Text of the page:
Hyperventilation Syndrome in Adolescents With and Without Asthma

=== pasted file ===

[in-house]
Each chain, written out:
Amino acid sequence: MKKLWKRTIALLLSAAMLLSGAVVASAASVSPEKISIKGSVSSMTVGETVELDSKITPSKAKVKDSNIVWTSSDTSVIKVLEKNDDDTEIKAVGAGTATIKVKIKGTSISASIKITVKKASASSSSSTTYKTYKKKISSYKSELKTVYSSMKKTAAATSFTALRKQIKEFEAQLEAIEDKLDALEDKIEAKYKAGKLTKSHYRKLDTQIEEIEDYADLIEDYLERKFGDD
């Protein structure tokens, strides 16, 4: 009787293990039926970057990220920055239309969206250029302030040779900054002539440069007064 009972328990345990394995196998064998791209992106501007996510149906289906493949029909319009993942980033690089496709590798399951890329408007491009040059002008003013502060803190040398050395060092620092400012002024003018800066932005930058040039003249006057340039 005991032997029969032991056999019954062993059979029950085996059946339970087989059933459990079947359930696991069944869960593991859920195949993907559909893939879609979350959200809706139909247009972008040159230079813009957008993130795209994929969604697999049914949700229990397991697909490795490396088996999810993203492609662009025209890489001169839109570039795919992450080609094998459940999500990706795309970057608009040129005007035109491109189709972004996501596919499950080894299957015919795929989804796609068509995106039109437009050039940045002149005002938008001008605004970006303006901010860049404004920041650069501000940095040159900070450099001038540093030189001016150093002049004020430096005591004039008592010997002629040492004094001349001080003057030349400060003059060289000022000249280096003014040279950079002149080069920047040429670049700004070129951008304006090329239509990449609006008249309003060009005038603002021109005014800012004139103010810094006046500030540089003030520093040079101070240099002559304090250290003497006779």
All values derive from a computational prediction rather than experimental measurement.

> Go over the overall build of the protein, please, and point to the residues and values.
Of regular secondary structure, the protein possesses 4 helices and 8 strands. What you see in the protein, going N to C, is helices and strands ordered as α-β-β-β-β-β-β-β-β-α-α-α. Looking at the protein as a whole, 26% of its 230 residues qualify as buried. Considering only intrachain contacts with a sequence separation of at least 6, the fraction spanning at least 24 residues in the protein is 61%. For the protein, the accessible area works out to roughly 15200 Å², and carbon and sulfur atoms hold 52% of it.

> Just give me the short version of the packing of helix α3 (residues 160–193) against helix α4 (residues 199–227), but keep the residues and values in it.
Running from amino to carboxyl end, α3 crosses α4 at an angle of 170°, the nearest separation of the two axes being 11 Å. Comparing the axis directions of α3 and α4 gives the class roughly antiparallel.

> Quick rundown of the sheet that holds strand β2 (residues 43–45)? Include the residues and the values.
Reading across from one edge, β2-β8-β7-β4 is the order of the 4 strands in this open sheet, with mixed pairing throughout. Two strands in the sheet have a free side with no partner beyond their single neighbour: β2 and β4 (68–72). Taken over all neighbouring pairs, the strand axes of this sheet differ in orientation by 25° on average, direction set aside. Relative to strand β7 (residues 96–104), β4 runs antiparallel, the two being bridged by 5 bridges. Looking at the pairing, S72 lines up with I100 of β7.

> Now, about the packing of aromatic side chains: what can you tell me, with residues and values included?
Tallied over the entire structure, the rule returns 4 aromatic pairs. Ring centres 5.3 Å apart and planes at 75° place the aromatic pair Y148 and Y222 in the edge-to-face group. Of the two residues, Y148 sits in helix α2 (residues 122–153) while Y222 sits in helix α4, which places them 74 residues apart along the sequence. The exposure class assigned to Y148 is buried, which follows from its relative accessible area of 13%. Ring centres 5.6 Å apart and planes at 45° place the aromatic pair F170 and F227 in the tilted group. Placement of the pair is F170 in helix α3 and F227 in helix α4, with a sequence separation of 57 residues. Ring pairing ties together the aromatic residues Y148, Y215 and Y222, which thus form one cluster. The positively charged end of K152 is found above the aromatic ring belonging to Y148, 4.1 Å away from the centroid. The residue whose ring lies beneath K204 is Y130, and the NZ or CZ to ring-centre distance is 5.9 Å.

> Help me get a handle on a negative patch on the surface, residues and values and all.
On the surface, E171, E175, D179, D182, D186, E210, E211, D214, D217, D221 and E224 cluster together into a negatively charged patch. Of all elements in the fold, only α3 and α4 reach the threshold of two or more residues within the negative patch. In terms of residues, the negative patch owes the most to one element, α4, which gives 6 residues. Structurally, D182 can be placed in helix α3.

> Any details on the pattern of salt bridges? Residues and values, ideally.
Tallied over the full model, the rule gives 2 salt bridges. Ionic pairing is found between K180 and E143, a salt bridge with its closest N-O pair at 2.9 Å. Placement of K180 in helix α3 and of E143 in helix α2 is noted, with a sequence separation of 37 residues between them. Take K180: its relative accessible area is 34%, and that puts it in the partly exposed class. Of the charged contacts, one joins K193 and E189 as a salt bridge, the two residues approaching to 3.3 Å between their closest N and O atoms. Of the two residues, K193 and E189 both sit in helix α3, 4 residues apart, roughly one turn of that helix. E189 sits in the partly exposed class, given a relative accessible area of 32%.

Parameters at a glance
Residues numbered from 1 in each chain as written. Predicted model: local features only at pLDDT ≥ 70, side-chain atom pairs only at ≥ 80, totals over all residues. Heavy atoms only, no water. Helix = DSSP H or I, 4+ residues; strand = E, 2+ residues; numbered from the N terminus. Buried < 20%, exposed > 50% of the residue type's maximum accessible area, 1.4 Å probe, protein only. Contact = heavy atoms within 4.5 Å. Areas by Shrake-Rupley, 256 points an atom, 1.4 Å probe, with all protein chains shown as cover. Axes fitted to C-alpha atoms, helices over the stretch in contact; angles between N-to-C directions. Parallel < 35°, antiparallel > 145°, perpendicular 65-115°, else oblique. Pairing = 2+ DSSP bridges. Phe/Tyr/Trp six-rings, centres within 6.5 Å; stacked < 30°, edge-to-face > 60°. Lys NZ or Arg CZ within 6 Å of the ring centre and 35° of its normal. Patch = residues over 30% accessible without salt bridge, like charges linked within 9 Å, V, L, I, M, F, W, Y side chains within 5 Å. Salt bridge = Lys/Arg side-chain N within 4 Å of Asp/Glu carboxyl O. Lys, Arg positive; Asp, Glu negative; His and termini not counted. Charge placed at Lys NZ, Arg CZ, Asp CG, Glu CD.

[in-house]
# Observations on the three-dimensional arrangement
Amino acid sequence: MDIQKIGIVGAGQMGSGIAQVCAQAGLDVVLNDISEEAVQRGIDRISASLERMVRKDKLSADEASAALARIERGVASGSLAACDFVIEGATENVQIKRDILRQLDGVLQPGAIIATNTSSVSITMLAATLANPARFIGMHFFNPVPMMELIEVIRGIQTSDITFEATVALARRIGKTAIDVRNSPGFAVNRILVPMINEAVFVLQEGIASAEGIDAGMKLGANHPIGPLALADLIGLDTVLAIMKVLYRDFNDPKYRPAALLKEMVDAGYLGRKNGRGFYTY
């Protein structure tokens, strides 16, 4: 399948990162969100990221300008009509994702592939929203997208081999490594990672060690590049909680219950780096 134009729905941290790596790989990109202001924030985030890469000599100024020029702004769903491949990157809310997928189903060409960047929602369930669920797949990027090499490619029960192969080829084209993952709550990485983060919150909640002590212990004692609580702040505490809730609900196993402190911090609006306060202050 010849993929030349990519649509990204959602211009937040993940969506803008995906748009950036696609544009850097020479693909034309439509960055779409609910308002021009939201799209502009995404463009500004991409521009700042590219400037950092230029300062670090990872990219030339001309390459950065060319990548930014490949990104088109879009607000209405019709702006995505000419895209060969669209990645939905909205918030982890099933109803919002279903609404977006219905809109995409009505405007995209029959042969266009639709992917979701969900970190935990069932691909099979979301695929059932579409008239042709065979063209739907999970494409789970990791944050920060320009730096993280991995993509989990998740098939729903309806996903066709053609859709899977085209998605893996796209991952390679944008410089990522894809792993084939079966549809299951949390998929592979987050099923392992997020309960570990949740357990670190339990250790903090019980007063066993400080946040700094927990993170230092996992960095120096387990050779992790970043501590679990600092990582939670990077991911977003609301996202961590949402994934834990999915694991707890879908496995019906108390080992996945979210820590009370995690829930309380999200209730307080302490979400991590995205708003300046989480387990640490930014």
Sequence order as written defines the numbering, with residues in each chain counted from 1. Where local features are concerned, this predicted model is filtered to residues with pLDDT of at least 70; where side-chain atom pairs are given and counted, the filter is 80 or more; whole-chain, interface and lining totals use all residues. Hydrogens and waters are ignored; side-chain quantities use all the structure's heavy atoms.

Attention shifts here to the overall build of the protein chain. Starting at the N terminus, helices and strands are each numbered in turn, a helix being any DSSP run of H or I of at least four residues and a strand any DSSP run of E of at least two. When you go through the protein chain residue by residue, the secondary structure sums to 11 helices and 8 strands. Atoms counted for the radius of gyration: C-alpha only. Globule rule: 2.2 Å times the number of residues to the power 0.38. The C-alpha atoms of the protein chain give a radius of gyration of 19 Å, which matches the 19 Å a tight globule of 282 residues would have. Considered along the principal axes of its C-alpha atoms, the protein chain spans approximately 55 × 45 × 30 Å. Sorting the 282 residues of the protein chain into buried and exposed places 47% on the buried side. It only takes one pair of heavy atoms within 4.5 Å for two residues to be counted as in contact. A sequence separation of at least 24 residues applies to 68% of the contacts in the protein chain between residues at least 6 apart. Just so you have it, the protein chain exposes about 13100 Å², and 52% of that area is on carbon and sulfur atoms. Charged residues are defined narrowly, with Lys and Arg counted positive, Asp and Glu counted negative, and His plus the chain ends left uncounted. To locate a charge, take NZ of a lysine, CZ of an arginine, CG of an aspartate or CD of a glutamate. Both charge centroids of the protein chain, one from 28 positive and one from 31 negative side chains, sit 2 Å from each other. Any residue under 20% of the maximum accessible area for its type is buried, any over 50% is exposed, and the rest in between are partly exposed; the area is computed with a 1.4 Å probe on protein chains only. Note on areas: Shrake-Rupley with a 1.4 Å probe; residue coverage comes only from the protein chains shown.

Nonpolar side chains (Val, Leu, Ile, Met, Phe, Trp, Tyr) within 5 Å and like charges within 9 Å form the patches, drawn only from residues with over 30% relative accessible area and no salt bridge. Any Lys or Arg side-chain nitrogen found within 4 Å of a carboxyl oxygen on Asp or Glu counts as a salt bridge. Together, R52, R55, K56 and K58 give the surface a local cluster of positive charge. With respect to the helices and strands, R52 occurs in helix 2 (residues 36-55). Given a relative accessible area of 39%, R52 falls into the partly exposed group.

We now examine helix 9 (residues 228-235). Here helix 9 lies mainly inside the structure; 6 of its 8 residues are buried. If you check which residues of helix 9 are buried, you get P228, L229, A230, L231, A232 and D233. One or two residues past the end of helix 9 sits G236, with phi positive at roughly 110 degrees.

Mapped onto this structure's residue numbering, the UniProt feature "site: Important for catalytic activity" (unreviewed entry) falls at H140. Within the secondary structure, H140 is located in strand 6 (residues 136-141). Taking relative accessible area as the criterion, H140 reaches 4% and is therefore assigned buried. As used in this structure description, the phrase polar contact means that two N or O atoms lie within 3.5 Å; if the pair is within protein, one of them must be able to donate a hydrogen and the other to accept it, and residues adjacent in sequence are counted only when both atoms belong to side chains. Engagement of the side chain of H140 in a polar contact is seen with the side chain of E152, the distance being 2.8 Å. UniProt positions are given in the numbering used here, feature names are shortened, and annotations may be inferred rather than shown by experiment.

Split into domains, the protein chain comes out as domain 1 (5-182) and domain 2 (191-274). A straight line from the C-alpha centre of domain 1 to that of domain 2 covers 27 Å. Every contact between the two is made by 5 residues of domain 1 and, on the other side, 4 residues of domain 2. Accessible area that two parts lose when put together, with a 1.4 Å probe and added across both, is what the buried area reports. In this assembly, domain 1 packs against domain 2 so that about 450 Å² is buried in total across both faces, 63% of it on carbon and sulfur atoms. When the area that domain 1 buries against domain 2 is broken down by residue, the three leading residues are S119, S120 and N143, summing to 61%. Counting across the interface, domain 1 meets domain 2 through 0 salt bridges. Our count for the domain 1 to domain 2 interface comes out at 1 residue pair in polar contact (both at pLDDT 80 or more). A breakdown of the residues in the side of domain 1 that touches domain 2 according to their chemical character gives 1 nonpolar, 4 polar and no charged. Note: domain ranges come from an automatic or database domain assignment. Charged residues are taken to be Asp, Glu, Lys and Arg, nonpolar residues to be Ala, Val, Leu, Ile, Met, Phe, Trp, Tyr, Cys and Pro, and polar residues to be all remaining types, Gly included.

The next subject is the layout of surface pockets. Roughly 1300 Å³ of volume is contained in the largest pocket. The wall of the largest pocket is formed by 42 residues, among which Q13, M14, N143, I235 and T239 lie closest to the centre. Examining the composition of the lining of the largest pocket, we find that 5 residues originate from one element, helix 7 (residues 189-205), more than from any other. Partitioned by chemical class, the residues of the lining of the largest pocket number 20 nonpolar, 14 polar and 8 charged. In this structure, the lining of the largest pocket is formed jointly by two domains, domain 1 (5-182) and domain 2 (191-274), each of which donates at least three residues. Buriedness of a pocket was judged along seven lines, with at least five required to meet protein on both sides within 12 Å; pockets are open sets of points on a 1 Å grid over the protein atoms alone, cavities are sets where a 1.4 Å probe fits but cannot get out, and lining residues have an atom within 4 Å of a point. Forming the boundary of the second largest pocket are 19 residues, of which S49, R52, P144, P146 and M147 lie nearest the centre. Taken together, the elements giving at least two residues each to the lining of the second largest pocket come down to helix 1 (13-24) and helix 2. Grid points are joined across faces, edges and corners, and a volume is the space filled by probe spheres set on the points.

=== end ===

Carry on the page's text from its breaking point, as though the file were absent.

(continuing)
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Data on the prevalence of hyperventilation syndrome (HVS) in adolescents are scanty. Objectives: To determine the prevalence of HVS in a population of adolescents with and without asthma, and to verify whether HVS was related to asthma activity. Methods: A population of adolescents was asked to self-complete a questionnaire, including the Nijmegen questionnaire to assess HVS, and a standardized asthma questionnaire. Results: Seven hundred and sixty questionnaires were suitable for analysis. One hundred and twenty subjects (15.8%) were classified as asthmatic. Forty-seven subjects (6.2%) had a Nijmegen score ≥23, which was suggestive of HVS. Symptoms indicative of HVS were ten times more common in subjects with asthma (25%) than in those without asthma (2.5%). Nijmegen score was significantly higher in subjects with lifetime asthma (P < 0.001), current episodic asthma (P < 0.05) and current active asthma (P < 0.001) than in those with no asthma. In the whole population, girls presented HVS more frequently than boys (P < 0.001). There was a significant effect of gender (females, OR 3.2) and status of asthma (lifetime asthma, OR 11.2; current episodic asthma, OR 8.9; current active asthma, OR 41.5) on the probability of suffering from HVS. Conclusions: The prevalence of symptoms indicative of HVS in an unselected population of adolescents was relatively high. Symptoms were more common in girls and in subjects with asthma, and there was a significant effect of asthma activity on the probability of suffering from HVS. Further studies need to be performed in order to validate a screening tool for HVS in both adolescents and asthmatic subjects.

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